The recent Barts Research and Advanced Interventional Neuroradiology (BRAIN) conference (4–6 December 2023, London, UK) saw Tommy Andersson (Karolinska University Hospital, Stockholm, Sweden) put forward the case for post-thrombectomy rescue stenting in ischaemic strokes caused by challenging, neutrophil extracellular trap (NET)-rich clots.
“NETs interact with platelets, and are specifically abundant in red blood cell-poor and platelet-rich clots,” Andersson informed the BRAIN audience, also stating it is “definitely” possible that failed revascularisation post-thrombectomy could be caused by the clot being rich in NETS. “And, stenting is probably the best bailout option for difficult, NET-rich clots—but maybe not for ICAD [intracranial atherosclerotic disease], at least with the materials we have available today, because then we see risks of snow-ploughing or cheese-grating. It can, however, sometimes be very difficult to differentiate a difficult clot from ICAD.”
Initially covering potential reasons for a mechanical thrombectomy failing to achieve successful revascularisation, Andersson relayed that ICAD is “fairly common”, but mainly observed in Asian populations, while intracranial dissections are “very uncommon”. However, challenging clots—which tend to be rich in platelets, dense fibrin, von Willebrand factor, and/or NETs—are more prevalent and represent a “big problem”, particularly in Europe, due to their resistance to both thrombolytic drug therapies and thrombectomy procedures.
“We have long said that dense fibrin is the bad guy,” Andersson noted. “But, maybe it’s not so much the dense fibrin—maybe it’s the platelets. And, maybe it’s the platelets in combination with NETs. [Another] problem is that the clots that we can analyse are the ones that we can get out, but the clots that we cannot take out are unable to be analysed.”
Here, Andersson referenced a national registry in Sweden that has gathered data on “every single” stroke thrombectomy in the country since 2013, including collecting and analysing clot information from some 14,000 patients. A closer look at histopathological data from “unusual” clots considered to be outliers versus more common clot compositions in the registry indicated that these were all “very difficult” to remove. Andersson said this exercise also revealed higher-than-average levels of extracellular DNA—many times, in conjunction with microcalcification—in these outlier clots.
“So, no wonder we had problems removing them,” he quipped, going on to cite multiple studies seen in an earlier presentation from Simon de Meyer (Catholic University of Leuven, Kortrijk, Belgium) suggesting that NET-rich clots often take “a lot of time and effort” to remove.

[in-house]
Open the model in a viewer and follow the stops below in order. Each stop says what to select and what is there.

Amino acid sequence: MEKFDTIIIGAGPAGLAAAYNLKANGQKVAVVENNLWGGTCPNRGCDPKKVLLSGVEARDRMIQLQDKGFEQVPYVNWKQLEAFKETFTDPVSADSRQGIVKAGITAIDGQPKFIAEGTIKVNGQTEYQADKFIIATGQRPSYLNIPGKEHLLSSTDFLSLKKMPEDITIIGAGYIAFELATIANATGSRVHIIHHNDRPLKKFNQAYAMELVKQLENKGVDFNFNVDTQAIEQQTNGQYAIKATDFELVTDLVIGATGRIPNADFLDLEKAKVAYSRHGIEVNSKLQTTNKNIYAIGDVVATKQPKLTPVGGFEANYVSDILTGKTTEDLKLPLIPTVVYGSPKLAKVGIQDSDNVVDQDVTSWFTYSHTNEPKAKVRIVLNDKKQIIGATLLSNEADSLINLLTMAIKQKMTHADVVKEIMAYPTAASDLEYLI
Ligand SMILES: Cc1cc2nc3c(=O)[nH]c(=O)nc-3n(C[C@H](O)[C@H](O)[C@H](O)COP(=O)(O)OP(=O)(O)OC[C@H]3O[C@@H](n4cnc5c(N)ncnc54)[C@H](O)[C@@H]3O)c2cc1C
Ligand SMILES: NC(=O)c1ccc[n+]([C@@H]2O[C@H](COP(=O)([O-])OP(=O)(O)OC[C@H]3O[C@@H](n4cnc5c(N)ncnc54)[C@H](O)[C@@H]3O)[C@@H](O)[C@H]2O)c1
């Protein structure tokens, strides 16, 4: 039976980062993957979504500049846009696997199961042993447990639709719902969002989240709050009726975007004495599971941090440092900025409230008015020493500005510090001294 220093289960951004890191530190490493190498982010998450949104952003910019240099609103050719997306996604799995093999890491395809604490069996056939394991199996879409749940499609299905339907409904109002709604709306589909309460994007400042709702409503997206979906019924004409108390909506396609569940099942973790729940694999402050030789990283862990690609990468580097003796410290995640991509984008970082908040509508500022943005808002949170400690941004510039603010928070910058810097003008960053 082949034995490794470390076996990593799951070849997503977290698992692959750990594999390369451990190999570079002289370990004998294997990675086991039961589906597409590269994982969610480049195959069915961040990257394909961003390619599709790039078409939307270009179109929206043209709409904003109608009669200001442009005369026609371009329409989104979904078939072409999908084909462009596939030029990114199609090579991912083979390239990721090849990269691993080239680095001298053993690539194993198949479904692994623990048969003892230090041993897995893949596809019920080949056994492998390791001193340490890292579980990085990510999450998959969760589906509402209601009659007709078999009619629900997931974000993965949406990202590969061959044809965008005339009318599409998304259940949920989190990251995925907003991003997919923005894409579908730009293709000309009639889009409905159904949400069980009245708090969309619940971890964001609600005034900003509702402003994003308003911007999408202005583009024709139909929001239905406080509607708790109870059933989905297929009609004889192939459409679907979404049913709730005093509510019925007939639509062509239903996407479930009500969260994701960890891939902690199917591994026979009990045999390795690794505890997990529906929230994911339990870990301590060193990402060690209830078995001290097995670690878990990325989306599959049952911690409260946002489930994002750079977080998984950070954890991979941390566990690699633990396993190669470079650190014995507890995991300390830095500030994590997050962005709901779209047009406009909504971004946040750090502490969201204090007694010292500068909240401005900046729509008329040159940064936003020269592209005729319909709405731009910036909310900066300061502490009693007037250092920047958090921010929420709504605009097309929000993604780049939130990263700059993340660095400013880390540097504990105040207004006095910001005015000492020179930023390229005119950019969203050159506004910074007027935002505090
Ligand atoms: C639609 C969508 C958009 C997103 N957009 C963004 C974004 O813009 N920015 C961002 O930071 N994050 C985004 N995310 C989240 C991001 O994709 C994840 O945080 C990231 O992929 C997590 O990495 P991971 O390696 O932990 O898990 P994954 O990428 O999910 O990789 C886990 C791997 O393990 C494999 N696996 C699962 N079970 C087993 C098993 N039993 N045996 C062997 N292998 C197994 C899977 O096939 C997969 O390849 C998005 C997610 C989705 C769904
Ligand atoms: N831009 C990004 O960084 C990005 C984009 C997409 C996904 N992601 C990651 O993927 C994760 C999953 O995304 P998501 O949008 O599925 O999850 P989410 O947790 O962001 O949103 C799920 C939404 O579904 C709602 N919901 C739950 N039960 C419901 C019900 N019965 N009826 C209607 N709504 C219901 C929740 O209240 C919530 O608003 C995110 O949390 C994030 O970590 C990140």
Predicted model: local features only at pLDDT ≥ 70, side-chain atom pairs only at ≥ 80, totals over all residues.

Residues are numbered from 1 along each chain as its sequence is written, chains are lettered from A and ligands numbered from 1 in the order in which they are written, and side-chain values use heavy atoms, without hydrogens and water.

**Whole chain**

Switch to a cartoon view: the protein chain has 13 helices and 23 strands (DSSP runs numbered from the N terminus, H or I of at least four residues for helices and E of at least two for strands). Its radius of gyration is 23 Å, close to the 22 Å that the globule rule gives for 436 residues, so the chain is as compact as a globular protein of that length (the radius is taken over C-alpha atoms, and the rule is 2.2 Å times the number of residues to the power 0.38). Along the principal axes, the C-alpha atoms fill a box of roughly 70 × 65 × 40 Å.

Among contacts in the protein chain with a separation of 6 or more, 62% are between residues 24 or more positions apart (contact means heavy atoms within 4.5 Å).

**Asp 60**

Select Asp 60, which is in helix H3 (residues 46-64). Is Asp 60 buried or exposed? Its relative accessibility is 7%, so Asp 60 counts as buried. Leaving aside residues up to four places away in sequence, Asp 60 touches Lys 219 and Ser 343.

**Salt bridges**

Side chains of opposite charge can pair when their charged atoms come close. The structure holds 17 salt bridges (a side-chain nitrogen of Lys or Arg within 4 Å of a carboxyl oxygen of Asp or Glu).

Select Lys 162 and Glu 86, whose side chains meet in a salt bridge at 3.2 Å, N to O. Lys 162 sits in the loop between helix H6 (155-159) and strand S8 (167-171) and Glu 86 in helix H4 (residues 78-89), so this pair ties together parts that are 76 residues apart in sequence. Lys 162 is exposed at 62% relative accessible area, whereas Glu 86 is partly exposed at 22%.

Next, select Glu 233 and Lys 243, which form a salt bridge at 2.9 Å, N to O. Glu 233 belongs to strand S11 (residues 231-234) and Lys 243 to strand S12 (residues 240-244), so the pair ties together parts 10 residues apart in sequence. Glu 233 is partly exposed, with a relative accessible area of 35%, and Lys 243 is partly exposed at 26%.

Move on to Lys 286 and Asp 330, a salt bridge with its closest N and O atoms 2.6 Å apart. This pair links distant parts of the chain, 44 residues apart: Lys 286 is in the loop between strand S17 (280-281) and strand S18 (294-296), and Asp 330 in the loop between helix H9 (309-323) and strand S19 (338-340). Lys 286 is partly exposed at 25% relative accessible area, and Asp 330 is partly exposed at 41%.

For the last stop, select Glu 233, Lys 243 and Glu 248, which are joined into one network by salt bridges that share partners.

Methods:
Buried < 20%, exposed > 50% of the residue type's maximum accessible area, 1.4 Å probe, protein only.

Offering possible solutions to the challenge posed by NET-rich clots, Andersson went on: “Once you have tried—and failed—using your favourite first-line strategy, you could attempt more advanced materials or techniques, like two stent retrievers, or the Nimbus [Cerenovus/J&J].”
The latter device—described by Cerenovus as a geometric clot extractor that is “designed to remove tough clots”—offers one “pretty good” alternative to more traditional tools that “may actually work” in more difficult, NET-rich clots, according to Andersson. However, this technology and double stent-retriever methods would “basically be useless” in ICAD cases, he added.
Andersson continued: “But, if we still fail, what should we do? Should we stent—and, if so, when, and after how many attempts? For me, the question is not ‘if’, but ‘when’, we should stent, because that’s the bailout for a difficult clot.”
The speaker then averred that, while existing data indicate an increased number of thrombectomy attempts being linked to worsening outcomes, the “worst outcome” is to leave the vessel occluded.
“The worst thing you can do is to leave the vessel occluded,” he added. “That is never, ever good.”
Moving on to the pros and cons of balloon angioplasty as a post-thrombectomy rescue strategy, Andersson noted that this adjunctive technique does mean dual antiplatelet therapy (DAPT) can be avoided. However, balloon angioplasty in ICAD cases creates the potential problem of ‘snow-ploughing’, he posited, also citing challenges around balloon grading, which can lead to the operator overinflating the device; target-vessel re-occlusion due to recoil at the end of the procedure; and the “very real” risk of dissections and ruptures, potentially causing “catastrophic events”.
After warning neurointerventionists to “be careful with balloons”, Andersson disclosed that his own paradigm for tackling difficult clots is to try a given approach once or, at most, twice—for example, with two stent retrievers or the Nimbus device—before reverting to stenting.
Andersson rounded out his talk by stating that there are “quite a few” published papers supporting rescue stenting, specifically highlighting one of several meta-analyses on this topic that was published in 2020 in Interventional Neuroradiology by the Salpêtrière group from Paris, France. The paper concluded that permanent intracranial stenting after failed thrombectomy “appears” to improve clinical outcomes, before adding that further trials are needed to confirm this.
According to Andersson, a randomised trial—the “holy grail” for many—is currently being conducted by the same group, led by Kévin Premat (Charles Foix Hospital, Paris, France), and, as such, “we will see” what the most appropriate thrombectomy rescue strategy is in due course.